- Capture learning in context and across contexts – becomes more difficult as you move from formal settings to designed informal settings, to free-form informal settings, to everyday life. What is the context? Which learning needs, objectives, methods, activities and tools are important?
- Measure learning outcomes. This becomes more complex as you move from cognitive outcomes to issues such as how learning changes attitudes, emotions, values and beliefs
- Ethics. Becoming more complex as you move from informed consent to taking into account whose needs, objectives, outcomes, outcomes and values are being considered. How are these negotiated? Whose agency, agenda or sponsorship is important?
- Technology. How does it affect the learning? Gets more complex as you move from usability to utility to appeal, trends and consumer culture.
- The bigger picture. How does this affect the learning institution. How does it affect practices. Moves from local impact to global impact
- Changing the in/formality balance. Does the formal environment remain a formal environment?
- Capture and analyse learning in and across contexts
- Assess usability of technology
- Look to changes in the learner and in the learning process
- Consider organisational issues in the adoption of new learning practices
- Must span the lifecycle of the learning innovation that is being evaluated
07:24 on 29 March 2011
Giasemi's evaluation workshop plans
6 Challenges in technology enhanced learning:
Challenge 1 – capturing learning in and across contexts.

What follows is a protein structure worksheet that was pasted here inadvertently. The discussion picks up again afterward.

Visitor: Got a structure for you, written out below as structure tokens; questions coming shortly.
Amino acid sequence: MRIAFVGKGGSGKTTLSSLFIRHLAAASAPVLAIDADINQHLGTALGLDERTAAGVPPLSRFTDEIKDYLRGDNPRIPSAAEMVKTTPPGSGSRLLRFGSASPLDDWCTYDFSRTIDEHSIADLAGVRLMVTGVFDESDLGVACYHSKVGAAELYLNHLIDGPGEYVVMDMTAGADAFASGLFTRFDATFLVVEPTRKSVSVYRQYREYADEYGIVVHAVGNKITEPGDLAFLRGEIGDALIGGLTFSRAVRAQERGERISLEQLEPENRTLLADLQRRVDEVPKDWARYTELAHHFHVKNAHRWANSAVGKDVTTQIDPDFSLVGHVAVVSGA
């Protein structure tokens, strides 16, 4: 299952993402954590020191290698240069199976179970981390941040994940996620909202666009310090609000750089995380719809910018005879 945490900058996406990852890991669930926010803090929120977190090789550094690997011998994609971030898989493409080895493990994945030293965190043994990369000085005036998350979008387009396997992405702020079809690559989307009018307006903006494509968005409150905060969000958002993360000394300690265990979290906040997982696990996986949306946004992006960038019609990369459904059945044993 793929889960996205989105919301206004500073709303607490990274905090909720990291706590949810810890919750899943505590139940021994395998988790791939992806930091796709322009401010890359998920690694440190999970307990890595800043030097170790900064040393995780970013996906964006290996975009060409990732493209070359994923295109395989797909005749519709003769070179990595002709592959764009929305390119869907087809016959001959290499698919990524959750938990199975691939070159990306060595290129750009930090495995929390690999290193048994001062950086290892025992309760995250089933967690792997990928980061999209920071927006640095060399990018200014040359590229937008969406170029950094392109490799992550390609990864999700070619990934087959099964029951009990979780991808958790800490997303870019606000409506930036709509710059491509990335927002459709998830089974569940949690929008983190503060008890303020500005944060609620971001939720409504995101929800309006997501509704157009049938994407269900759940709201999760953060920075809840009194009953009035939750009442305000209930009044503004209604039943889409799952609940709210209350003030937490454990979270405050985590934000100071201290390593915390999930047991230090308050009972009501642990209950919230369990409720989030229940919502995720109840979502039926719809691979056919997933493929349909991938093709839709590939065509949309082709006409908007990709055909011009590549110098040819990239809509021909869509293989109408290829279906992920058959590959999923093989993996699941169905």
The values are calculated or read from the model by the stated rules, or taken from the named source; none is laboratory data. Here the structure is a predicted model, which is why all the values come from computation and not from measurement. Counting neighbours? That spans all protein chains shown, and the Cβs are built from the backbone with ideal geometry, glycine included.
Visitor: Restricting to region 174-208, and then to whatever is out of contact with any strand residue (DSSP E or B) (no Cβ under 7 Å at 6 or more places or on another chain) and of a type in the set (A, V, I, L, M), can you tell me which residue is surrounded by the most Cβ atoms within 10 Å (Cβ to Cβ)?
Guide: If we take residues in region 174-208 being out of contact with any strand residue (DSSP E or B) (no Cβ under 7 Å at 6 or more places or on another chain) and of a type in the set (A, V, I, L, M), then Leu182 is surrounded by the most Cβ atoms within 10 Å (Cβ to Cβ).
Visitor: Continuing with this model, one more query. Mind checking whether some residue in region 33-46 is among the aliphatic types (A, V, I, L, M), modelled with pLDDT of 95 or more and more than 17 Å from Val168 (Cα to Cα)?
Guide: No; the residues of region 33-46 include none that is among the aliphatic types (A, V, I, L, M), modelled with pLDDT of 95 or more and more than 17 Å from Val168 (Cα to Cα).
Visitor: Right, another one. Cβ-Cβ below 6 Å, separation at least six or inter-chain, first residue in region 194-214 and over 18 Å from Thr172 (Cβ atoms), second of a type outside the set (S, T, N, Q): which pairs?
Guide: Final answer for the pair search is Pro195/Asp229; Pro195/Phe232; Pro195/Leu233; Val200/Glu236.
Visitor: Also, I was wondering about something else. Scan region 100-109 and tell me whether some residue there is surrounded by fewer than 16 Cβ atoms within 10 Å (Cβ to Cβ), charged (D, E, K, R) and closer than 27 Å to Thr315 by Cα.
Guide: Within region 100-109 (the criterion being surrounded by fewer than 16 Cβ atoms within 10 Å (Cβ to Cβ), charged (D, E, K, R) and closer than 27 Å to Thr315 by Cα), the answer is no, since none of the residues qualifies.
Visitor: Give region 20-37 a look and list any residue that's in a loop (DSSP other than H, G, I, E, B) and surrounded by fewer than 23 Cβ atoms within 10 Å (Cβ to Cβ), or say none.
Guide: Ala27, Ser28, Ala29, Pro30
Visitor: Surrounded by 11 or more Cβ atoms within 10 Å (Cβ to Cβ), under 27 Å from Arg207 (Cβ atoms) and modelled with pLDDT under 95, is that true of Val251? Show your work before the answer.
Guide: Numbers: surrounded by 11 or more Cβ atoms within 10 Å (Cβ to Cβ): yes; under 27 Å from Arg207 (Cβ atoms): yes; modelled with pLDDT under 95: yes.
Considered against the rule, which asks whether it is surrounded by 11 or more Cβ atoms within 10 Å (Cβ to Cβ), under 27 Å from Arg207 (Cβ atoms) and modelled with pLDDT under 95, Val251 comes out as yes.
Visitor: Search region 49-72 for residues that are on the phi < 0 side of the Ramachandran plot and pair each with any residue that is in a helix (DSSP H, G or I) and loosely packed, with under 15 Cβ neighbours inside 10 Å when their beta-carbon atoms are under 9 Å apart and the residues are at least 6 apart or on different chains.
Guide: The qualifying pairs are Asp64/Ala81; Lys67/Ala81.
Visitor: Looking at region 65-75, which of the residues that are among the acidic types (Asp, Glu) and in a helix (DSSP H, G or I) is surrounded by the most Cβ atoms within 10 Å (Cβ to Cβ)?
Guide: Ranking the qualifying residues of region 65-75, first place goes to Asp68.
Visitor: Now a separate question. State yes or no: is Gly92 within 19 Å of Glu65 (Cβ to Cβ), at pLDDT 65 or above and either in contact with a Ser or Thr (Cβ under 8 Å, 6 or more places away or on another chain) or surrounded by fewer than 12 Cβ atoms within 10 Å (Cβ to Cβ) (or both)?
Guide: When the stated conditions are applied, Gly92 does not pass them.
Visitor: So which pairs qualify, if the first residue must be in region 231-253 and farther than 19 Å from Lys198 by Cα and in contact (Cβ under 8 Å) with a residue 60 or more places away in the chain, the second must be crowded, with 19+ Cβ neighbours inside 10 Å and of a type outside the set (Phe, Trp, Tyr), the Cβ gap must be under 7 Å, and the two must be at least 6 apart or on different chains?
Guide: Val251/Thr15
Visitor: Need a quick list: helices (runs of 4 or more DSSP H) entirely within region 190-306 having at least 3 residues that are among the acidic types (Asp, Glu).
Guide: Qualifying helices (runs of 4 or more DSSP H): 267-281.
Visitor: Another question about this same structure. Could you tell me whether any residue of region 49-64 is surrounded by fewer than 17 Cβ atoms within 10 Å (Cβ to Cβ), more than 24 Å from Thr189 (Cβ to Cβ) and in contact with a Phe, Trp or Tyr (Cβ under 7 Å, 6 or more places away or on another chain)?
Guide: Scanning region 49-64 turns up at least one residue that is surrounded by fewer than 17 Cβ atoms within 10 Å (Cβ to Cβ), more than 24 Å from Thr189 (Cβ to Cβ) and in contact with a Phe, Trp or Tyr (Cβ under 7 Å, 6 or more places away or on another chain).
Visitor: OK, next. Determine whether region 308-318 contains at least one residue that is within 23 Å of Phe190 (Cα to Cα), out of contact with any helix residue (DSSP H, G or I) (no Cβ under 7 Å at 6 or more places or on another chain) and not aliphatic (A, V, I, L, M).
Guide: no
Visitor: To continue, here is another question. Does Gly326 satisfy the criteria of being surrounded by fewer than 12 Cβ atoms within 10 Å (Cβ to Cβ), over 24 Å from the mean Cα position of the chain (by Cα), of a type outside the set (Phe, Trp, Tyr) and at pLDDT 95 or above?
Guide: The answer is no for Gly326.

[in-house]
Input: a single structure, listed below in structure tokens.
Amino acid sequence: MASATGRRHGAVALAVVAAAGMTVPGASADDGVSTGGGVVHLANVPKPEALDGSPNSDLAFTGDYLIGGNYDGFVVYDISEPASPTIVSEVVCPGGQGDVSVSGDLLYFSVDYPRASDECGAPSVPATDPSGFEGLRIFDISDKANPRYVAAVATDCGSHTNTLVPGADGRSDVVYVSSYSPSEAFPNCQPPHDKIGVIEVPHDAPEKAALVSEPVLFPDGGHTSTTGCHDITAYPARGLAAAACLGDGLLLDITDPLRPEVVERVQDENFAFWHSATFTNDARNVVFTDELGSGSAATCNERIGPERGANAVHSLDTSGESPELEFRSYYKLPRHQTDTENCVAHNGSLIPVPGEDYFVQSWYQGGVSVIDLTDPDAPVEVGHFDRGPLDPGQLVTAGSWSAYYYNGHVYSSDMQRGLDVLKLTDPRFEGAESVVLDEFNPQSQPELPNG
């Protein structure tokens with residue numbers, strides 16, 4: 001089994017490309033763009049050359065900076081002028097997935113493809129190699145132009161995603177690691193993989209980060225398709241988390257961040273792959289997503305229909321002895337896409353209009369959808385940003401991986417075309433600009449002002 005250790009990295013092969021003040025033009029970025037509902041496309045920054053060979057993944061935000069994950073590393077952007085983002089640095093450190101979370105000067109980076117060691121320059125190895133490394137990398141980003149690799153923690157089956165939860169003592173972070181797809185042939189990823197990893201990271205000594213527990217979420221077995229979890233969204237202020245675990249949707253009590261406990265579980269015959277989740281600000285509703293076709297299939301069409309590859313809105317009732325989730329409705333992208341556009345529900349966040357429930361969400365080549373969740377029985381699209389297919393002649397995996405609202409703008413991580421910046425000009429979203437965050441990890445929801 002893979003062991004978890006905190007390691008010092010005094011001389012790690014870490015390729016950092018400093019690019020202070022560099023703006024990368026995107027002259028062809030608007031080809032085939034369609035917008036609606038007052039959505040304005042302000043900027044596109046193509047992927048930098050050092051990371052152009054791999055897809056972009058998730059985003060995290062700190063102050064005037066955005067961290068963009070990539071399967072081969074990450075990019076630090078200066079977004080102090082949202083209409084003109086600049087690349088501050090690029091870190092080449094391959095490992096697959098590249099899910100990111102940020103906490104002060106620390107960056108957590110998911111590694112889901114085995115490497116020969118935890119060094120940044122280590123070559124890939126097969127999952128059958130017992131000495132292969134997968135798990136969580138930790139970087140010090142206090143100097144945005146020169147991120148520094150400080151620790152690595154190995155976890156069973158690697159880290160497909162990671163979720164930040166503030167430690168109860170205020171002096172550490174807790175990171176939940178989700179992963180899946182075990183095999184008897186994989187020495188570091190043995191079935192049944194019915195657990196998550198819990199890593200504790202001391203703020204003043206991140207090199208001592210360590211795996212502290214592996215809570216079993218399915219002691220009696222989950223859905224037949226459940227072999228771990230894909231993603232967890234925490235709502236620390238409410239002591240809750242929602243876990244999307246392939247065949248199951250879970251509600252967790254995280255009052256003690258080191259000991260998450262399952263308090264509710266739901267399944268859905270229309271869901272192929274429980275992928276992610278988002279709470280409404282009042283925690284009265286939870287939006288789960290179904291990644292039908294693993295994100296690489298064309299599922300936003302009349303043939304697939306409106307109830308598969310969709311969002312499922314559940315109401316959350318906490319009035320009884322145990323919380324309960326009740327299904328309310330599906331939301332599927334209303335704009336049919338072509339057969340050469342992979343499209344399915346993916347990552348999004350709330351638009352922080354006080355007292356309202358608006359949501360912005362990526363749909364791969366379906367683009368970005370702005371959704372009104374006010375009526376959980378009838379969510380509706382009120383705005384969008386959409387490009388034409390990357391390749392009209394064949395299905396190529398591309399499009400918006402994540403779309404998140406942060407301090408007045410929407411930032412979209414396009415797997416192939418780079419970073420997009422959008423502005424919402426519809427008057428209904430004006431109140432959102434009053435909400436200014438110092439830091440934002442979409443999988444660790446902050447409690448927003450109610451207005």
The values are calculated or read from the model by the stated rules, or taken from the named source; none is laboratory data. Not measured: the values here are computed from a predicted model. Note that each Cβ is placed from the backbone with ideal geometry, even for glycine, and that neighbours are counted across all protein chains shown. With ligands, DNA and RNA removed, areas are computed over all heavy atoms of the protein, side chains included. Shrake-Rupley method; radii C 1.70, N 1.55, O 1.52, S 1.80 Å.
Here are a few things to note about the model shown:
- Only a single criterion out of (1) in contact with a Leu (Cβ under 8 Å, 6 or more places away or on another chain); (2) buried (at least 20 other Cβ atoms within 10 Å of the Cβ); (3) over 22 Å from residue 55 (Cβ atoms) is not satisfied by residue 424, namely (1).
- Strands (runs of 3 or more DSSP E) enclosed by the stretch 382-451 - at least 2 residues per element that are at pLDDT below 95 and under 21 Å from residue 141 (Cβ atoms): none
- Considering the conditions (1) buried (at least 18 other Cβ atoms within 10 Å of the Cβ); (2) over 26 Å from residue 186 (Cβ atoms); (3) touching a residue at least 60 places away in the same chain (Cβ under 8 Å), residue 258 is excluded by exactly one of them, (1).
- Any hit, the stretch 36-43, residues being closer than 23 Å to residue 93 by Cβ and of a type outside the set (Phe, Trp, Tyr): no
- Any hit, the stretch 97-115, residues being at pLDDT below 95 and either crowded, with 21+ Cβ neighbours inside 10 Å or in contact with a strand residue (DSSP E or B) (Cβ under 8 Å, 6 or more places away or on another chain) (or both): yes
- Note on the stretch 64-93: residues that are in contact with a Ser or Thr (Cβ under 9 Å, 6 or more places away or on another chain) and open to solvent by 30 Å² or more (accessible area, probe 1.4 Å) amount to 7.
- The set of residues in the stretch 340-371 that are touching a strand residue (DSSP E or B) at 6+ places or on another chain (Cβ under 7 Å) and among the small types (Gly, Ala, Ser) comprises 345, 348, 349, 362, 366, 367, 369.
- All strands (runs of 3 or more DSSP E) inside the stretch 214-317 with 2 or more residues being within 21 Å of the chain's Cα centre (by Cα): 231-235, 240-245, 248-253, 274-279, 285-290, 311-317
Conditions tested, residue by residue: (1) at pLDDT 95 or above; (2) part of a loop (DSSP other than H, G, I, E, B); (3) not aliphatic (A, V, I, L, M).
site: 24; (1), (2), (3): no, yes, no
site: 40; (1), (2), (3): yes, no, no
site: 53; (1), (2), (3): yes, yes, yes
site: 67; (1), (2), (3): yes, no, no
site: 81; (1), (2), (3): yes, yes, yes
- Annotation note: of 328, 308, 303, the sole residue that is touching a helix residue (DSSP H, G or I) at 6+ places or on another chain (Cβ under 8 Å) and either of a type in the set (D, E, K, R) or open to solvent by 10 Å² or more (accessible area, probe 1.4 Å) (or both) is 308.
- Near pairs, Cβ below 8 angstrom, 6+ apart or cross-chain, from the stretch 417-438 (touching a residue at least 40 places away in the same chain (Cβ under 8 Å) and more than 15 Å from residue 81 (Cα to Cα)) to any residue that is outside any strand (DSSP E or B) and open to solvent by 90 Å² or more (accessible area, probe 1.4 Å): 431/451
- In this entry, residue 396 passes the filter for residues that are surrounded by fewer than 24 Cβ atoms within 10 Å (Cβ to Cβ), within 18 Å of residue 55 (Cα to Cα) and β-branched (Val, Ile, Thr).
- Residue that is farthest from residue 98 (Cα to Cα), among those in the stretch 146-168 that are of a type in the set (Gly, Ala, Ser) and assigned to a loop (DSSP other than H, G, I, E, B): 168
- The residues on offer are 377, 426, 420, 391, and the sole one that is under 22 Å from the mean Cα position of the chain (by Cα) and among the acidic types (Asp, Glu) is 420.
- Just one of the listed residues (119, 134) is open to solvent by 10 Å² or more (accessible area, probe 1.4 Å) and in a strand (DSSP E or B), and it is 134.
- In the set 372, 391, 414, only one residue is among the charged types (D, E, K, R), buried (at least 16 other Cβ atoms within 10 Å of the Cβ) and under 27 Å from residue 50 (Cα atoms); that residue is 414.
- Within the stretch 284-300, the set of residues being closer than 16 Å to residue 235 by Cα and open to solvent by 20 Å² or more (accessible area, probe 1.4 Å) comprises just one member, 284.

Challenge 2 – measuring learning outcomes
Challenge 3 – ethics
Challenge 4 – the T in TEL
Challenge 5 – seeing the bigger picture
Challenge 6 – changing the informal formal balance
Challenge 1 - Formal/informal settings. Designed format settings, informal settings. Across settings. Location and space layout, social setting, learning needs and objectives ,learning methods, activities and tools.
Challenge 2 – Extra challenge when technology is involved as the interactions don’t only take place with the technology – conversations with other learners etc. How can we be sure what is the result of the technology and what is the result of the learning experience as a whole.
Challenge 3 – Informed consent is fairly challenging. If we want people to use technology in their personal space and then report back, how can they be sure what will happen to their personal data. In terms of designing personal experience – whose needs are we designing for and how are these needs negotiated for. Ethical oblication to come in and look at this. Who is the technology enhanced learning experience driven by. Whose technology is it? Whose agenda? Whose technology?
Challenge 3 – Usability, utility, appeal/trends/consensus/culture – increasing complexity of measurement.
Challenge 4 – seeing the bigger picture
5 Precepts – Framework for evaluating TEL
- Capture and analyse learning across contexts
- Assess usability of technology and how it affects the learning experience